January 31, 2017

Neil Gorsuch Is a Supreme Court Pick

No one can replace Antonin Scalia on the Supreme Court, but President Trump has made an excellent attempt by nominating appellate Judge Neil Gorsuch as the ninth Justice. The polarized politics of the Court guarantees a confirmation fight, but based on his record the 49-year-old judge is a distinguished choice who will adhere to the original meaning of the Constitution.

Judge Gorsuch is a leading light on the Tenth Circuit Court of Appeals, where he was appointed in 2006 by George W. Bush. He is well known in legal circles for his sharp prose, as well as for his arguments for religious liberty and his skepticism toward judicial doctrines that give too much power to the administrative state. He is also noted for a Scalia-like approach to criminal law that takes a dim view of vague statutes that can entrap the innocent.

This paper trail is important, especially given Mr. Trump’s relatively recent embrace of conservative judicial principles. Every recent Republican President has disappointed supporters with at least one of his Supreme Court picks. Sandra Day O’Connor and Anthony Kennedy drifted left over the years as they were feted by Washington elites, while David Souter was a disaster from the start.

Judge Gorsuch’s judicial record makes such a transformation on the High Court unlikely. When the Tenth Circuit heard Hobby Lobby v. Sebelius, a case that eventually went to the Supreme Court, Judge Gorsuch wrote a powerful concurrence supporting religious freedom and the right of a company to opt out of ObamaCare’s contraception mandate based on conscience. While the religious convictions at issue may be contestable or unpopular, Judge Gorsuch wrote, “no one disputes that they are sincerely held religious beliefs.”

Once such sincere beliefs are demonstrated, he added, we know the Religious Freedom Restoration Act applies. “The Act doesn’t just apply to protect popular religious beliefs: it does perhaps its most important work in protecting unpopular religious beliefs, vindicating this nation’s long-held aspiration to serve as a refuge of religious tolerance.”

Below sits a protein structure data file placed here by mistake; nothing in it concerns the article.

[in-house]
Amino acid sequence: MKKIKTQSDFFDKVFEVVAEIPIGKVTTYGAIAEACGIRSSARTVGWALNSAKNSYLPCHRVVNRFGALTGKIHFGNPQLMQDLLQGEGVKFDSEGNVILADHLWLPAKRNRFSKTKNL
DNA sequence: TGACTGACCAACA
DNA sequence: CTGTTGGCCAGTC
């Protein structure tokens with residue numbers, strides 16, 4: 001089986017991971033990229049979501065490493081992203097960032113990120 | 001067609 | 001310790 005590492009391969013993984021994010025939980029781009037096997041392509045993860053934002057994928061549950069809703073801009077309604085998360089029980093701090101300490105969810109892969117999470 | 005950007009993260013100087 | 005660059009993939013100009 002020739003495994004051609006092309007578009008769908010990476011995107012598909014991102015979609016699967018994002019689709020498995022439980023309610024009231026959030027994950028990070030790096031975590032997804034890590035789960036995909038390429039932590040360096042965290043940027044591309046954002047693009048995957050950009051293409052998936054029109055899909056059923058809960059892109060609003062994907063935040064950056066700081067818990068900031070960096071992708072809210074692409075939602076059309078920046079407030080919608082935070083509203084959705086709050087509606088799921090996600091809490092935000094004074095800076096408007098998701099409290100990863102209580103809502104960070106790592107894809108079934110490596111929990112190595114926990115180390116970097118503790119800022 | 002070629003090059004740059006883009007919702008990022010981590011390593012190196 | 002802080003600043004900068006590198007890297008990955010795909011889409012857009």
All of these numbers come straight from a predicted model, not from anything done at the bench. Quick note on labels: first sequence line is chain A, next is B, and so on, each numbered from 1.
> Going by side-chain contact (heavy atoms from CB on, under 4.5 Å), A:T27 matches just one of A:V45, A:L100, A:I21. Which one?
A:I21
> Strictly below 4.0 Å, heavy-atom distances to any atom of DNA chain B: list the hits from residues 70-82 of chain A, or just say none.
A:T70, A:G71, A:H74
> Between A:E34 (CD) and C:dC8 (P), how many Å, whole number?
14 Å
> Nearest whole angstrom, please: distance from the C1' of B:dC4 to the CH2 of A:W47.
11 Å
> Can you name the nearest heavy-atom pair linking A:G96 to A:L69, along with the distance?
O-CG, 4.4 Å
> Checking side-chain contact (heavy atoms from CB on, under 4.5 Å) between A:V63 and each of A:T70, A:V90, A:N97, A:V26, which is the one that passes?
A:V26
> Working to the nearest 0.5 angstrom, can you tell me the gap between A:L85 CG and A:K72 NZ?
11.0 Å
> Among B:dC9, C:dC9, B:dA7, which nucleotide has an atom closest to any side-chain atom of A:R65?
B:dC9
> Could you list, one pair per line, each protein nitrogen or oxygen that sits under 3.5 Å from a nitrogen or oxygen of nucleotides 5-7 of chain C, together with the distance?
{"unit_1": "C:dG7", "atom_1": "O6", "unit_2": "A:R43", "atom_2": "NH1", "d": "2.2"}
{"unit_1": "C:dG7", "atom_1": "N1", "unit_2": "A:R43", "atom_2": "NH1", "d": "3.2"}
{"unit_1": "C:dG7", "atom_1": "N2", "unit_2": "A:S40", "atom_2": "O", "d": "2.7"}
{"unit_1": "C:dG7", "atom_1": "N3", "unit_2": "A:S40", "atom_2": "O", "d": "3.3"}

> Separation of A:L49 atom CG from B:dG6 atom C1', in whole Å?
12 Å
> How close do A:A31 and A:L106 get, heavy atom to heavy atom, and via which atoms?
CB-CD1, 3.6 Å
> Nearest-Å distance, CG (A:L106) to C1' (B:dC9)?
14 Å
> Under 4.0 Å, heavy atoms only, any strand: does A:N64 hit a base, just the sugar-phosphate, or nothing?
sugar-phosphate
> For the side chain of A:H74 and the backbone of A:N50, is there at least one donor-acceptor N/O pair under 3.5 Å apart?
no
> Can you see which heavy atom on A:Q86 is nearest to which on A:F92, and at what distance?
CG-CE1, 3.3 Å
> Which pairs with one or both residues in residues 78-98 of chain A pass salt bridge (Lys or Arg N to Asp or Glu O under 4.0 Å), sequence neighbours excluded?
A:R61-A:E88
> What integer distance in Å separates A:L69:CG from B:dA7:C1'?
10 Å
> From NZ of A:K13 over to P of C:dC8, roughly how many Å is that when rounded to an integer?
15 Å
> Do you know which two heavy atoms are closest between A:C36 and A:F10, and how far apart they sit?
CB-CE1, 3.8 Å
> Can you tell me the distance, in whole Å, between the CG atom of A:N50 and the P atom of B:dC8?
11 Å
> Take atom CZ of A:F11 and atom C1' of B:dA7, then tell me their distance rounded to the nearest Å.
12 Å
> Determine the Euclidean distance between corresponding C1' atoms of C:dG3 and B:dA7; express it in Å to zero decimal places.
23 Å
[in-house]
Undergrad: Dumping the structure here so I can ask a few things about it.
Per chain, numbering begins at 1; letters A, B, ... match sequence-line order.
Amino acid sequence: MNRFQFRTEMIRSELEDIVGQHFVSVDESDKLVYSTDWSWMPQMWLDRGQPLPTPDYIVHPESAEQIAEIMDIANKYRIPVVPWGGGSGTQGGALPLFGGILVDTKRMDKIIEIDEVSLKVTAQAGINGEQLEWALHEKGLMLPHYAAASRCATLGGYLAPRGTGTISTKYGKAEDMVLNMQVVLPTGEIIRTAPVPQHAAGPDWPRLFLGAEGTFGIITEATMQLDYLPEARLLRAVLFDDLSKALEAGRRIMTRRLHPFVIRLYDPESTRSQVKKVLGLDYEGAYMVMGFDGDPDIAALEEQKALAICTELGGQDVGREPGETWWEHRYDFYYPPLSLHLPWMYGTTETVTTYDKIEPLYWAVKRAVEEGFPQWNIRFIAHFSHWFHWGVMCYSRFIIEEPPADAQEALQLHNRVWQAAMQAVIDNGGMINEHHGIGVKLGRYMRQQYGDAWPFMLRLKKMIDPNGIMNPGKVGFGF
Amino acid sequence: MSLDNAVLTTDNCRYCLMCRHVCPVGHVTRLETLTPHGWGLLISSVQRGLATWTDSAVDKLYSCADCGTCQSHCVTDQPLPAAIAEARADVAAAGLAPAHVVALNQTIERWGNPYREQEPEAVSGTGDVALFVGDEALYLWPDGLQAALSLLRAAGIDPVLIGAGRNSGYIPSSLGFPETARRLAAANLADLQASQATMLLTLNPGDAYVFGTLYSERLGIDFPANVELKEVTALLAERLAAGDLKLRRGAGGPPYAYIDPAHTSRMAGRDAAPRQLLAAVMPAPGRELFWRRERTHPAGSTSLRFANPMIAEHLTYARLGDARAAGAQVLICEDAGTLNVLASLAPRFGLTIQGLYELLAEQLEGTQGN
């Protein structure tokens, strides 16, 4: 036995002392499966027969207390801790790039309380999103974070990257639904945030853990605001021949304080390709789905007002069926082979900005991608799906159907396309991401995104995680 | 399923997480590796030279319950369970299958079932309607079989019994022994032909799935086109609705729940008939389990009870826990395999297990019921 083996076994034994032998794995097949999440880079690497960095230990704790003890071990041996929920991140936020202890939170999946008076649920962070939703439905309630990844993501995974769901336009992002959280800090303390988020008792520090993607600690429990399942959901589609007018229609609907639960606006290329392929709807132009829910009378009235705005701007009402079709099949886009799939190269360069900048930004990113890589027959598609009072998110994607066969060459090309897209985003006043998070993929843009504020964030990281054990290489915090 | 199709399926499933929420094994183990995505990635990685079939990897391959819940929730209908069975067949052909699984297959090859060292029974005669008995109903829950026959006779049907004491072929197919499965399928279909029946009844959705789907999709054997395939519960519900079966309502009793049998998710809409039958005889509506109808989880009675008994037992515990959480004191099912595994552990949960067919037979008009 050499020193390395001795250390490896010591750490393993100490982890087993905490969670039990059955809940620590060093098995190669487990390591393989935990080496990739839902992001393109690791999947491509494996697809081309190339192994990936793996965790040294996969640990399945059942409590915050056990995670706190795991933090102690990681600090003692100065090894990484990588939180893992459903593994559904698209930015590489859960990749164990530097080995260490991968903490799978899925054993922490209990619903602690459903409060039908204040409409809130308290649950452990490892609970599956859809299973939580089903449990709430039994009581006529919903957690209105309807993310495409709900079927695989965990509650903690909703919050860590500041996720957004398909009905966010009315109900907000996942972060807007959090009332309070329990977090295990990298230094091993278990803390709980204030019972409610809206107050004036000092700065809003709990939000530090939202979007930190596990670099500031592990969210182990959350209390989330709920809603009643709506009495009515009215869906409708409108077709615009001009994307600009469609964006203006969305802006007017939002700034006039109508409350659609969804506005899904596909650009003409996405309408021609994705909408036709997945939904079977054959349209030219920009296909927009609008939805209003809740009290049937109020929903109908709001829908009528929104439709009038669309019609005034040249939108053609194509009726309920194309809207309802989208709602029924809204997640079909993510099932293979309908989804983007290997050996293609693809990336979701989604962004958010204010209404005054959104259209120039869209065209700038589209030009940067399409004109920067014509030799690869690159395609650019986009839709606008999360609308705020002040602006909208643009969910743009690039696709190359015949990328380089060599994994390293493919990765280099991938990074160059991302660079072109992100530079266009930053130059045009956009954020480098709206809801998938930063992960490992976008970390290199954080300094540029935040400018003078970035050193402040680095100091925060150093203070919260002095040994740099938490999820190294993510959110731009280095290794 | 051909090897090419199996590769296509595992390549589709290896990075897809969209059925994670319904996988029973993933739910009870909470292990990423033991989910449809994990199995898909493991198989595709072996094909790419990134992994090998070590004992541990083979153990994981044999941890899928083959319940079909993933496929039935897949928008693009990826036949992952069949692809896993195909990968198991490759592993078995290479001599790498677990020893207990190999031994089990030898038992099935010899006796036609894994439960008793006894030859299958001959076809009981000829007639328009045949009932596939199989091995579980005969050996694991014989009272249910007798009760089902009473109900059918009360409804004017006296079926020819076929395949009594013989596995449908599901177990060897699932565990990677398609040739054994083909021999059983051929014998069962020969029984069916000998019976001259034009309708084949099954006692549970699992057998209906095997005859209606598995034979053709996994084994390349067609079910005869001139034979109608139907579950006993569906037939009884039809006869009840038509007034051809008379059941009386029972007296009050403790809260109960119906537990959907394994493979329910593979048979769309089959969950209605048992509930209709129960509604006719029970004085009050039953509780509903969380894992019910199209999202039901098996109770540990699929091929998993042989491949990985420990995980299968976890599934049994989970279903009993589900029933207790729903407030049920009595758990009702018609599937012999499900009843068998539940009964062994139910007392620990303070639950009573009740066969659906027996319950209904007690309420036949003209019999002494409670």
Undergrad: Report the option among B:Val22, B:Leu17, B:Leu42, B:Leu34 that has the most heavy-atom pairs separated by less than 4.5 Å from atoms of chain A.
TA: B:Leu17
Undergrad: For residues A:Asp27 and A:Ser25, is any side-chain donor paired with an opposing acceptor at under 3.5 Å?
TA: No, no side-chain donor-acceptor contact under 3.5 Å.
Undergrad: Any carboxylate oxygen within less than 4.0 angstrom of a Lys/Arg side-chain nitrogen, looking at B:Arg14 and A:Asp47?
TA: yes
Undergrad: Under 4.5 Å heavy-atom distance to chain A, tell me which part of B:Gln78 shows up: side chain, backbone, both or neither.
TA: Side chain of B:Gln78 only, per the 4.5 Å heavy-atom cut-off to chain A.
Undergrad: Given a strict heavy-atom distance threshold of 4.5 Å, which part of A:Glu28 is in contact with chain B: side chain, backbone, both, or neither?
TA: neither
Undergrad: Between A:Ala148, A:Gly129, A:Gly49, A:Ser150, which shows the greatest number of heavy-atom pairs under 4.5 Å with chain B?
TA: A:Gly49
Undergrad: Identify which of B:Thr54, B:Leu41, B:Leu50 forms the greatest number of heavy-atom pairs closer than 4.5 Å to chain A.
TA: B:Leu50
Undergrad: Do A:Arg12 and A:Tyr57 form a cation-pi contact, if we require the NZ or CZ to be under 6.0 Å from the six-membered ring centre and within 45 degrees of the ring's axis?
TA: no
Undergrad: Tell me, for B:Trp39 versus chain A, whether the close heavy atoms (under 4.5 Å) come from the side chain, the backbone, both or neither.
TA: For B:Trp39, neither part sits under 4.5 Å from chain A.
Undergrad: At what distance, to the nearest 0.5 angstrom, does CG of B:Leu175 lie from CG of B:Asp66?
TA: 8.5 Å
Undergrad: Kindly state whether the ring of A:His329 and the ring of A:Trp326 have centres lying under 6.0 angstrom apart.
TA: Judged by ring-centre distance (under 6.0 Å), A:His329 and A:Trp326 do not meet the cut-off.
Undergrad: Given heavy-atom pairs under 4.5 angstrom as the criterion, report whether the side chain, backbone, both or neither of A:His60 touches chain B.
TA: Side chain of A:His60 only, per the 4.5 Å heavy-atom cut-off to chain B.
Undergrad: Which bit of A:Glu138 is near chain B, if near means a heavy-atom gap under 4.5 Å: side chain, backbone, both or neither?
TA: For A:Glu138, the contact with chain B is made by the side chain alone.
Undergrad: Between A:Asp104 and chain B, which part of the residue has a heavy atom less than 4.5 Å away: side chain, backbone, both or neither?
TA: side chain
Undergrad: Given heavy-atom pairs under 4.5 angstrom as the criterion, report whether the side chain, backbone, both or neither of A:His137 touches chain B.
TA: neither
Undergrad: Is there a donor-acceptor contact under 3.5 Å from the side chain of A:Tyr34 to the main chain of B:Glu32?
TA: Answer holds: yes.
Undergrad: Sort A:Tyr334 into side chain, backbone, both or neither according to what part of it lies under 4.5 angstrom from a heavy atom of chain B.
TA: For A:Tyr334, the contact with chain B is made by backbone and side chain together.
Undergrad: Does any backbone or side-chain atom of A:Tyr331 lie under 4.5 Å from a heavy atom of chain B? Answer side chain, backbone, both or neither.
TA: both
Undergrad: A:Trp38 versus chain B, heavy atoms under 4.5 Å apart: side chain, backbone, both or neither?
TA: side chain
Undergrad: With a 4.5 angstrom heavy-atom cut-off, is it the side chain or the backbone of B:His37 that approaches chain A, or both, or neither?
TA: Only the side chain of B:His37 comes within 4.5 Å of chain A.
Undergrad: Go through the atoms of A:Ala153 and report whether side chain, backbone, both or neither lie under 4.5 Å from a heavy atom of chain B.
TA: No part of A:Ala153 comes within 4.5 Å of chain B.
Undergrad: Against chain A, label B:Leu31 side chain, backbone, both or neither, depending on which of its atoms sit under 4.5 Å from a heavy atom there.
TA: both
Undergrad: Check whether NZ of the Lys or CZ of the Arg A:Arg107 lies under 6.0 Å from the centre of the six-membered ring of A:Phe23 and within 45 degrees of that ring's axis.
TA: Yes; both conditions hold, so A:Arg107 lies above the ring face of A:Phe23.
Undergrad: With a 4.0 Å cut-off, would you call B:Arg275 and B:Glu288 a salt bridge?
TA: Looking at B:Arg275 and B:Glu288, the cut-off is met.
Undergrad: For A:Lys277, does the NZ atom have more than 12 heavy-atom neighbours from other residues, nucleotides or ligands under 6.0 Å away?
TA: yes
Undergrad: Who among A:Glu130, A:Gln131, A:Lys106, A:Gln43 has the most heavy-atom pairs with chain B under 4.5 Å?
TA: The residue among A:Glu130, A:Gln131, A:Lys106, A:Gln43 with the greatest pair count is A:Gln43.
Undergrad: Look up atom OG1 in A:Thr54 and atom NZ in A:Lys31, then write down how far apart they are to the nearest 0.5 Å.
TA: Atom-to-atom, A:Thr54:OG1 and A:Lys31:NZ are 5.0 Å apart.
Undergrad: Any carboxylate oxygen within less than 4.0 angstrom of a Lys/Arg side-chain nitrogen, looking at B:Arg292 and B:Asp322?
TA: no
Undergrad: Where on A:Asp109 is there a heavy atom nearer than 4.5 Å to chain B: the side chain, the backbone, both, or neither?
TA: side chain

This defense of a core First Amendment right is especially important today when so many progressives want to subjugate religious practice to the will of the state.

Judge Gorsuch has also shown skepticism toward the judicial doctrine known as “Chevron deference” that encourages the courts to defer to an administrative agency’s rule-making. In Gutierrez-Brizuela v. Lynch in 2016, he wrote in a concurrence that requiring courts to defer to executive agencies “seems no less than a judge-made doctrine for the abdication of the judicial duty.”

He added that “Chevron invests the power to decide the meaning of the law, and to do so with legislative policy goals in mind, in the very entity charged with enforcing the law.” This judicial logic also has current relevance because the Obama Administration routinely invoked the Chevron doctrine to defend any regulation, no matter how distant from the text of the statute being interpreted.

Judge Gorsuch has also displayed a crisp approach to cases attempting to discover ill-defined constitutional rights. In a concurrence in 2016’s Cordova v. City of Albuquerque, he took issue with a plaintiff’s vague argument that he was the subject of a malicious prosecution. “Ours is the job of interpreting the Constitution,” he wrote. “And that document isn’t some inkblot on which litigants may project their hopes and dreams for a new and perfected tort law, but a carefully drafted text judges are charged with applying according to its original public meaning.”

At a 2016 speech to honor Justice Scalia’s legacy at Case Western Reserve Law School, Judge Gorsuch noted that “an assiduous focus on text, structure, and history is essential to the proper exercise of the judicial function.” While the Founders debated a role for the judiciary that would have given them some quasi-legislative powers, he said, they instead “quite deliberately chose one that carefully separated them.”

Mr. Trump nominated Judge Gorsuch from the list of 21 potential nominees he released during the campaign, and his choice will be popular among GOP voters of all stripes. The nomination is also a chance for the White House to rebound from some of its early blunders. But it will also be an acute and painful reminder for Democrats of the price of Hillary Clinton’s defeat.

As qualified as he is, Judge Gorsuch ought to be confirmed at least as easily as President Obama’s appointees Elena Kagan and Sonia Sotomayor. But Democrats won’t forgive Republicans for declining to vote on Mr. Obama’s nomination of Merrick Garland last year, though Democrats would have done the same to a GOP nominee in the last year of a presidential term.

Republicans have a 52-seat Senate majority, and without some revelation the presumption will be to confirm Judge Gorsuch. Democrats could attempt a filibuster, but then the GOP will have to be prepared to break it. Mr. Trump won in major part because he promised to appoint judges in Justice Scalia’s mold, and in Neil Gorsuch it appears he has.

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